Thanks all for the explanation. Sorry if I came on as too nit-picky but Napoleonic era Russia is a favourite of mine (thanks Dinah Dean/Jane Holt).

    I’ve ordered the book and look forward to reading it.

  8. 8
    Amanda says:

    Yes, you answered it very completely—thank you. I also like to focus on the positives, but without both sides, the review is not as useful. I don’t know what space constraints you may have been working under for the initial review, but I appreciate the addendum.

  9. 9
    Shannon says:

    @Malin.  I guess I’m like my high school English teacher.  She only gave As when something was completely amazing.  I’m the same way with book reviews.  Most get a B, B+ or a B-, because I am picky about what I read, and I read good stuff.  I can only think of two books that I gave 2 stars/D.  I usually don’t write those reviews, but I was bothered that there were like five reviews raving about the book, and I bought it on those reviews.  I figured I had to provide an alternate perspective.  I, too, would rather be positive than negative.

    As for this book, I read your review, agreed with it, and wished again for a book that would blow me away.  They are rare, and I do treasure them.

  10. 10
    Malin says:

    @Shannon. Ha! Maybe it’s the fact that I am a language teacher (I teach English and Norwegian to secondary school kids in Oslo). I just always believed that the top marks should be saved for something out of the ordinary. If I rate everything too highly, the rating stops having any meaning. Whether I will rate a book highly is actually usually an emotional issue rather than one of pure quality. If they make me feel strongly, I am much more likely to overlook faults in plotting, characterisation or the writing in general. The last romance I read that I felt that I could rate 5 full stars (or an A/A+) was Fool Me Twice by Meredith Duran. If I have to be completely objective, there were bits of the plot that weren’t entirely perfect, but the book was just so emotionally satisfying to me that I couldn’t rate it any lower.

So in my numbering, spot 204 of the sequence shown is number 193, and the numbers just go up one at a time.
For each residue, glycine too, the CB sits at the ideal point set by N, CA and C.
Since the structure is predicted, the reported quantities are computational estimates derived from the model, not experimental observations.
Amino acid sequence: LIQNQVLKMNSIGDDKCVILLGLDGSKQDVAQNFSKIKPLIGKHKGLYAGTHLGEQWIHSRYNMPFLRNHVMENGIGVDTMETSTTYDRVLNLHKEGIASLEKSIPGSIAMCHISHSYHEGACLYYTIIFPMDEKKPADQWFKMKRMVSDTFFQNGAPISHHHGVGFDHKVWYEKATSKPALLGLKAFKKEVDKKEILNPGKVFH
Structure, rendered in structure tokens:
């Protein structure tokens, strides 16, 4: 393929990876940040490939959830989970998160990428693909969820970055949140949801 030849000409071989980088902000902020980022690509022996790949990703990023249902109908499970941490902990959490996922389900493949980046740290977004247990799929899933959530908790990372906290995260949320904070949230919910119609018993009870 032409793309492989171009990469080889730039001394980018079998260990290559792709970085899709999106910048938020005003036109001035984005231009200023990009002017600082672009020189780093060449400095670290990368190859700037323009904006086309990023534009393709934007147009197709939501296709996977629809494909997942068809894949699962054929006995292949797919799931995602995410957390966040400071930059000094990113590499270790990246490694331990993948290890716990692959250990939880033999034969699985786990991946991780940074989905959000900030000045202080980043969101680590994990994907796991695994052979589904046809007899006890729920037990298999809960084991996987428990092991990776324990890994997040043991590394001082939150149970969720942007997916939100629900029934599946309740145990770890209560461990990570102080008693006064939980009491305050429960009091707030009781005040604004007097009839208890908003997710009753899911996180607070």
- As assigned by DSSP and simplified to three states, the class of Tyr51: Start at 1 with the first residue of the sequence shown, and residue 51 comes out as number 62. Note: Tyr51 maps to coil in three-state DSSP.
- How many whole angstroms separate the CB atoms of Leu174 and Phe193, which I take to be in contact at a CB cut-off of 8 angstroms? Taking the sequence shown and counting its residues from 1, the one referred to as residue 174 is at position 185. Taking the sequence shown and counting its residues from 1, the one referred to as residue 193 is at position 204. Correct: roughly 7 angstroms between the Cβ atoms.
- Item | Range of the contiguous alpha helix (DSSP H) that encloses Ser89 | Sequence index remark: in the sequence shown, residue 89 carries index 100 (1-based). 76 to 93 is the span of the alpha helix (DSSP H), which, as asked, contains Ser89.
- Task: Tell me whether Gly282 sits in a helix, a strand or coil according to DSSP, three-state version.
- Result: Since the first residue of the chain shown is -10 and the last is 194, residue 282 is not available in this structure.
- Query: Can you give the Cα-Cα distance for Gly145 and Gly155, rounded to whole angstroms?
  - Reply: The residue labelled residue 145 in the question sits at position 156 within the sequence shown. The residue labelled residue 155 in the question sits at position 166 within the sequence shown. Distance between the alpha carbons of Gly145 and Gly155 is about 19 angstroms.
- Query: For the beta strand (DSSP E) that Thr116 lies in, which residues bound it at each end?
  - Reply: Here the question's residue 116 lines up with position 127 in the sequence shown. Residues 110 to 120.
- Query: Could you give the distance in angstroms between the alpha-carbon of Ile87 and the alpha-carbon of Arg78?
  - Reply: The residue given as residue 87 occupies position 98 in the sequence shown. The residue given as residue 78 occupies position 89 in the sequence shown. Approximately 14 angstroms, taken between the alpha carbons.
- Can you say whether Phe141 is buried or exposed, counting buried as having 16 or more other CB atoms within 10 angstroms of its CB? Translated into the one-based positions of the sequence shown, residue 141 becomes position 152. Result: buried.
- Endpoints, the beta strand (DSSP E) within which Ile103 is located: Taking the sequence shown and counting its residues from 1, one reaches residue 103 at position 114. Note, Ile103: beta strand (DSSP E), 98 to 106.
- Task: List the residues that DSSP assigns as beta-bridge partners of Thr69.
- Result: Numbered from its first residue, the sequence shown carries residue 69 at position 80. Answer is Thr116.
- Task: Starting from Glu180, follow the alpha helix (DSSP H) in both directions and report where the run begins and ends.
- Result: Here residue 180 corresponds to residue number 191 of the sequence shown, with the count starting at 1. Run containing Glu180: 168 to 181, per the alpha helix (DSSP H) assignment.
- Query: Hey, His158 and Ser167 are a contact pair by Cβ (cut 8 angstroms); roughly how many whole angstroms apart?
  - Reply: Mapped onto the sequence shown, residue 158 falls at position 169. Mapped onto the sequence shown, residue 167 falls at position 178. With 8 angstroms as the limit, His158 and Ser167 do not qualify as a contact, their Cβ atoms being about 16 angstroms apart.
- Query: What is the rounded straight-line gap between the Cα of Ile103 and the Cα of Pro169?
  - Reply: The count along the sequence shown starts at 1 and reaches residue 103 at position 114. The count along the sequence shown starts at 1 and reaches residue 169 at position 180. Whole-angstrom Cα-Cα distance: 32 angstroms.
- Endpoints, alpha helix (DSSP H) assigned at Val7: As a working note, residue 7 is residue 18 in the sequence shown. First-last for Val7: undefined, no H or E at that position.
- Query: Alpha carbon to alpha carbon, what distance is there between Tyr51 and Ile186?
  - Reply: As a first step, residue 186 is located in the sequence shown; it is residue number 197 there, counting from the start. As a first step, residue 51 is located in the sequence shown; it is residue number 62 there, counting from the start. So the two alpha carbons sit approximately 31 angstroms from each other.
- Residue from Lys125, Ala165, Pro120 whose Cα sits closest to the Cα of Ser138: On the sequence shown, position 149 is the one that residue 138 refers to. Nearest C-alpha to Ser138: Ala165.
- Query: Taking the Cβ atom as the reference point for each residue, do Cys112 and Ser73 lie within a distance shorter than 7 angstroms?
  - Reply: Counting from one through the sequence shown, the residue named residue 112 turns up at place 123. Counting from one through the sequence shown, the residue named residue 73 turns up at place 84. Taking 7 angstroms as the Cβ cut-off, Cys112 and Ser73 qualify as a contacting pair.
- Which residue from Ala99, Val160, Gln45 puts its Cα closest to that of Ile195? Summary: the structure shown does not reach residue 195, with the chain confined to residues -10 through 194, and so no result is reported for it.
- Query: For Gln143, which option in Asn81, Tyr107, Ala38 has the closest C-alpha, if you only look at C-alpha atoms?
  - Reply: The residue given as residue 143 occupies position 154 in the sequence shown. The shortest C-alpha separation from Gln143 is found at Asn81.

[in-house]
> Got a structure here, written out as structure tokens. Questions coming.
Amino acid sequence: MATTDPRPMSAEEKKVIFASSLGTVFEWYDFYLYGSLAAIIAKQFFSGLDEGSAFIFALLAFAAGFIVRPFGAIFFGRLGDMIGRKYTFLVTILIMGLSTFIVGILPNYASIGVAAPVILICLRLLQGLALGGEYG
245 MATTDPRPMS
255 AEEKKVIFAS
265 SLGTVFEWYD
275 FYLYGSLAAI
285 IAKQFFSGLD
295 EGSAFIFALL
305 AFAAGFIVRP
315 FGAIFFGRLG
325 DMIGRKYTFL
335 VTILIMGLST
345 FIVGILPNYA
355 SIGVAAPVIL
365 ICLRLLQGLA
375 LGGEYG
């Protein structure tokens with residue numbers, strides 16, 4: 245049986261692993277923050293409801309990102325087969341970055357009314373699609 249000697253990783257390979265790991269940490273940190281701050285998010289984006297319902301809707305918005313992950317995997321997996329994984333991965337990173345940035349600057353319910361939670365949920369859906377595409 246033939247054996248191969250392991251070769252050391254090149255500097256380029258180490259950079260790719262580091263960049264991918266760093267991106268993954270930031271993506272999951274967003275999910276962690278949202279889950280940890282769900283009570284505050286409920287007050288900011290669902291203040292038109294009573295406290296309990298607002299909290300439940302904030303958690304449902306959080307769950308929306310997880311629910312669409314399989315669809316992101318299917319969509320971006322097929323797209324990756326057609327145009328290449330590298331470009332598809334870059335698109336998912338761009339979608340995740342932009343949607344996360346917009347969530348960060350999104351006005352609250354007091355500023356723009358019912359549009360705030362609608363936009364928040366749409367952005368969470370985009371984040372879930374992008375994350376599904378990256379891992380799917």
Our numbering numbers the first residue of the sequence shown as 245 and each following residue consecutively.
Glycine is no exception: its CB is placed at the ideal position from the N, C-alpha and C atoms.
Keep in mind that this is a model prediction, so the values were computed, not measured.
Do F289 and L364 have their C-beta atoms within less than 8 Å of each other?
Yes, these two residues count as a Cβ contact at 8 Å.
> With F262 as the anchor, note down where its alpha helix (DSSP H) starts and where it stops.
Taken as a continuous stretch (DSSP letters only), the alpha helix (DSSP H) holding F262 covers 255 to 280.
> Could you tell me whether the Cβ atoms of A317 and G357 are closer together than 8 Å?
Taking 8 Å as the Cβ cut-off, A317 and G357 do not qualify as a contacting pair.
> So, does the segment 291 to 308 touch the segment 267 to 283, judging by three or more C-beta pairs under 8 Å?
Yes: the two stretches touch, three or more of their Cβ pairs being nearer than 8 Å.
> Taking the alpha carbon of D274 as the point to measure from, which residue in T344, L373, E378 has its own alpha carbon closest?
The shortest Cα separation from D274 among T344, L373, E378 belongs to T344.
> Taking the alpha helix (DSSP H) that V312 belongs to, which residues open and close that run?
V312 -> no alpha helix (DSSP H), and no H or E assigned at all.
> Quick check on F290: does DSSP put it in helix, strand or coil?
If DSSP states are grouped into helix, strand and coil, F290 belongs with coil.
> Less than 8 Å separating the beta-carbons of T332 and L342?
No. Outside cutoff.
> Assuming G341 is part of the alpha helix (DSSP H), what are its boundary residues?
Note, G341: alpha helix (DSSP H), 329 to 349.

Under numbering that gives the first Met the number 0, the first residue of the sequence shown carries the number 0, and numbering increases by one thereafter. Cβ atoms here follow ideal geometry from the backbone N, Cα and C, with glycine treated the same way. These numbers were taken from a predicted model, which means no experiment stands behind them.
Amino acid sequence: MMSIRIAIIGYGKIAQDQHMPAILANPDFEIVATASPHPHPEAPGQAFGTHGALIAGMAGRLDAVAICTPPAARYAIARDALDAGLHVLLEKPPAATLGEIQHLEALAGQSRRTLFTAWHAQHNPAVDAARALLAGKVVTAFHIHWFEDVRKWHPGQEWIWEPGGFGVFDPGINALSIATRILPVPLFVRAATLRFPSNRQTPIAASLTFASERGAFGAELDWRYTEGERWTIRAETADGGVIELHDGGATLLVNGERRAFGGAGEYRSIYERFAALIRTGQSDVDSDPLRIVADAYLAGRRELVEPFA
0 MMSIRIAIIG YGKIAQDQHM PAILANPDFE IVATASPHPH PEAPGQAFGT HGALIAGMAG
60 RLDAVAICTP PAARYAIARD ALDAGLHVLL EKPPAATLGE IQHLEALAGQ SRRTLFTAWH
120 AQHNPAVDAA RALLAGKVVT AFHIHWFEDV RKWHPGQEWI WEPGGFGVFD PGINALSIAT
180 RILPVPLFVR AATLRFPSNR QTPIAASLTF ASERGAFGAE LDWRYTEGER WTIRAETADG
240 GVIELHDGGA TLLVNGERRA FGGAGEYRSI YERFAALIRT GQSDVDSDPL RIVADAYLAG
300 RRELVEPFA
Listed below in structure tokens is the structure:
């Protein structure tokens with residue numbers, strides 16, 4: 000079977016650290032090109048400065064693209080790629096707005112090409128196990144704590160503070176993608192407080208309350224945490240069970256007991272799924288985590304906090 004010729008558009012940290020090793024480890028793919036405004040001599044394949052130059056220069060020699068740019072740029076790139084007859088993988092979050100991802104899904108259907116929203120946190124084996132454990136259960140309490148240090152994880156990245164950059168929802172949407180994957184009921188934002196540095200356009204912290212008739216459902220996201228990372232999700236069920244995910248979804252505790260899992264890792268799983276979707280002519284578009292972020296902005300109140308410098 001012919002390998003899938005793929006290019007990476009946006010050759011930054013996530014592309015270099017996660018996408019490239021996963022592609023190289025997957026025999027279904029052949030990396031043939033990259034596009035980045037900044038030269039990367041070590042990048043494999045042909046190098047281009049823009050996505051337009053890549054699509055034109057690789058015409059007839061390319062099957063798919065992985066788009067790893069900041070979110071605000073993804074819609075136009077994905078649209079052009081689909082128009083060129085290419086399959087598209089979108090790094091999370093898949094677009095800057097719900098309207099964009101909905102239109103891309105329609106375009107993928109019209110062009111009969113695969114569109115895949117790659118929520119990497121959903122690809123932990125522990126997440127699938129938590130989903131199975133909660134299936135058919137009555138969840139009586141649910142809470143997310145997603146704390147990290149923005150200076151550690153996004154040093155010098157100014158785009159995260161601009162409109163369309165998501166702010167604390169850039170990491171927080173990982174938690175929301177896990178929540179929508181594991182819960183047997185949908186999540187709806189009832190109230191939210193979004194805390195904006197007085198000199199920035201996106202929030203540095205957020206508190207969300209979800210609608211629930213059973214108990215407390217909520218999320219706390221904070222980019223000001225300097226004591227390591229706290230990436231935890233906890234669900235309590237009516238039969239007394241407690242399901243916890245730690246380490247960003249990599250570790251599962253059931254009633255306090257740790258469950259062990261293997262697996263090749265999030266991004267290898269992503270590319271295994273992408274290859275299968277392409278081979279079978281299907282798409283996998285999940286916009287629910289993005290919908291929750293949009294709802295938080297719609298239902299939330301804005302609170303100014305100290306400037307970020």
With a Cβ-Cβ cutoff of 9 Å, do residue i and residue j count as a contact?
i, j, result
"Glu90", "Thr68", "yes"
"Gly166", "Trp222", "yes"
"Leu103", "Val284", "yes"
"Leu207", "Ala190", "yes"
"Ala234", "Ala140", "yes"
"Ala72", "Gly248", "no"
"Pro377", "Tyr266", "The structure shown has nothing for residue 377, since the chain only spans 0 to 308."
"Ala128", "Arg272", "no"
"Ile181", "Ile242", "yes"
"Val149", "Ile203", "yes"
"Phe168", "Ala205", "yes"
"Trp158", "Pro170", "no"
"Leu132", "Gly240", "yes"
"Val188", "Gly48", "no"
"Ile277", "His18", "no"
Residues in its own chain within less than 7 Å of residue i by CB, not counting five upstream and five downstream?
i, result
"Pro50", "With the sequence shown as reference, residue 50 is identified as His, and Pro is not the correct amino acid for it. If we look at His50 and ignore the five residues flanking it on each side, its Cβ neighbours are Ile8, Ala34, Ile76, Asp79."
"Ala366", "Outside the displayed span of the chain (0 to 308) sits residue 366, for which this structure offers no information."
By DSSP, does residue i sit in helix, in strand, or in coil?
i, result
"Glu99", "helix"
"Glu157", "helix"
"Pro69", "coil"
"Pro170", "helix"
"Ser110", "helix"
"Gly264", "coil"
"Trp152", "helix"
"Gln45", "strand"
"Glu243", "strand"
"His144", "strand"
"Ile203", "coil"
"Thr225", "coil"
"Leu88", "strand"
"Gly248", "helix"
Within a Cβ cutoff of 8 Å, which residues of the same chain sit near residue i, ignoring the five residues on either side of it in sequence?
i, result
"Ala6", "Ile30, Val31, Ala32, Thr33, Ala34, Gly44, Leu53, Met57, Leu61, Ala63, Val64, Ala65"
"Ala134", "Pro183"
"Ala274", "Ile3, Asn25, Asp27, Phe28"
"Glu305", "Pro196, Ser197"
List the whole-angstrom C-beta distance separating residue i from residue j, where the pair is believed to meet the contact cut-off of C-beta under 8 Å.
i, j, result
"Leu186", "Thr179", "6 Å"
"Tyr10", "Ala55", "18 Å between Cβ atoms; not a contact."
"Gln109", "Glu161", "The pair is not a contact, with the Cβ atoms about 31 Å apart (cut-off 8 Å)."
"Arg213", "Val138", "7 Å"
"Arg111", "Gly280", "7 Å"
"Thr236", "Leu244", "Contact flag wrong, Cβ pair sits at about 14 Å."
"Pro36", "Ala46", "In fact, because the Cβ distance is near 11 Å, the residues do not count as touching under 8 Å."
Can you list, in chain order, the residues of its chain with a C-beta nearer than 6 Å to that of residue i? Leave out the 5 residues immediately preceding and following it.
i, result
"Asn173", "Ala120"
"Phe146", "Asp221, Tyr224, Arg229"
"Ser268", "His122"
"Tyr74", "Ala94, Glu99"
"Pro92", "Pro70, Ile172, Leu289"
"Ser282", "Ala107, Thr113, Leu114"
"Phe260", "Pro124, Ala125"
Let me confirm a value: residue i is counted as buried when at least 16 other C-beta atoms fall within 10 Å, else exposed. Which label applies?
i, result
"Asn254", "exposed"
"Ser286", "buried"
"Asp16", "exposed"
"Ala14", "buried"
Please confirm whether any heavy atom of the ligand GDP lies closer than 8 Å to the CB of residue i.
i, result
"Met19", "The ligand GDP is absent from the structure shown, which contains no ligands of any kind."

Apart from that, the only books I’ve rated 5 stars in the last few months are the two most recent Jim Butcher books. Now that the Dresden Files has really hit its stride, it’s absolutely blowing me away. I’m loving the books and the characters so much that I can’t quite objectively rate them.

  11. 11
    Susan says:

    I’m torn about the three books in this loose “series.” I was very excited to start The Shadowy Horses.  Maybe too excited because, although it was good, it just didn’t deliver everything I’d hoped.  As a result, I put off reading The Winter Sea until recently.  Maybe precisely because I didn’t have such inflated expectations, I really liked it and then immediately upon completion embarked on The Firebird, which I also liked. 

    Taken individually, I’d probably give the books a C+, A-, and B+, respectively, but they’re probably stronger than that as a whole.  I read so many books, and have such a bad memory these days, that it takes a special book to take root in my mind for the the long term.  Sometimes it’s not even clear when I first finish a book that it’s going to be one that I just can’t let go.  It can be surprising sometimes which books/series tend to grow with me over time, and I can’t always verbalize what it is that makes them different.  I think these books fit into that category, tho.  (I don’t know if any of this made sense.)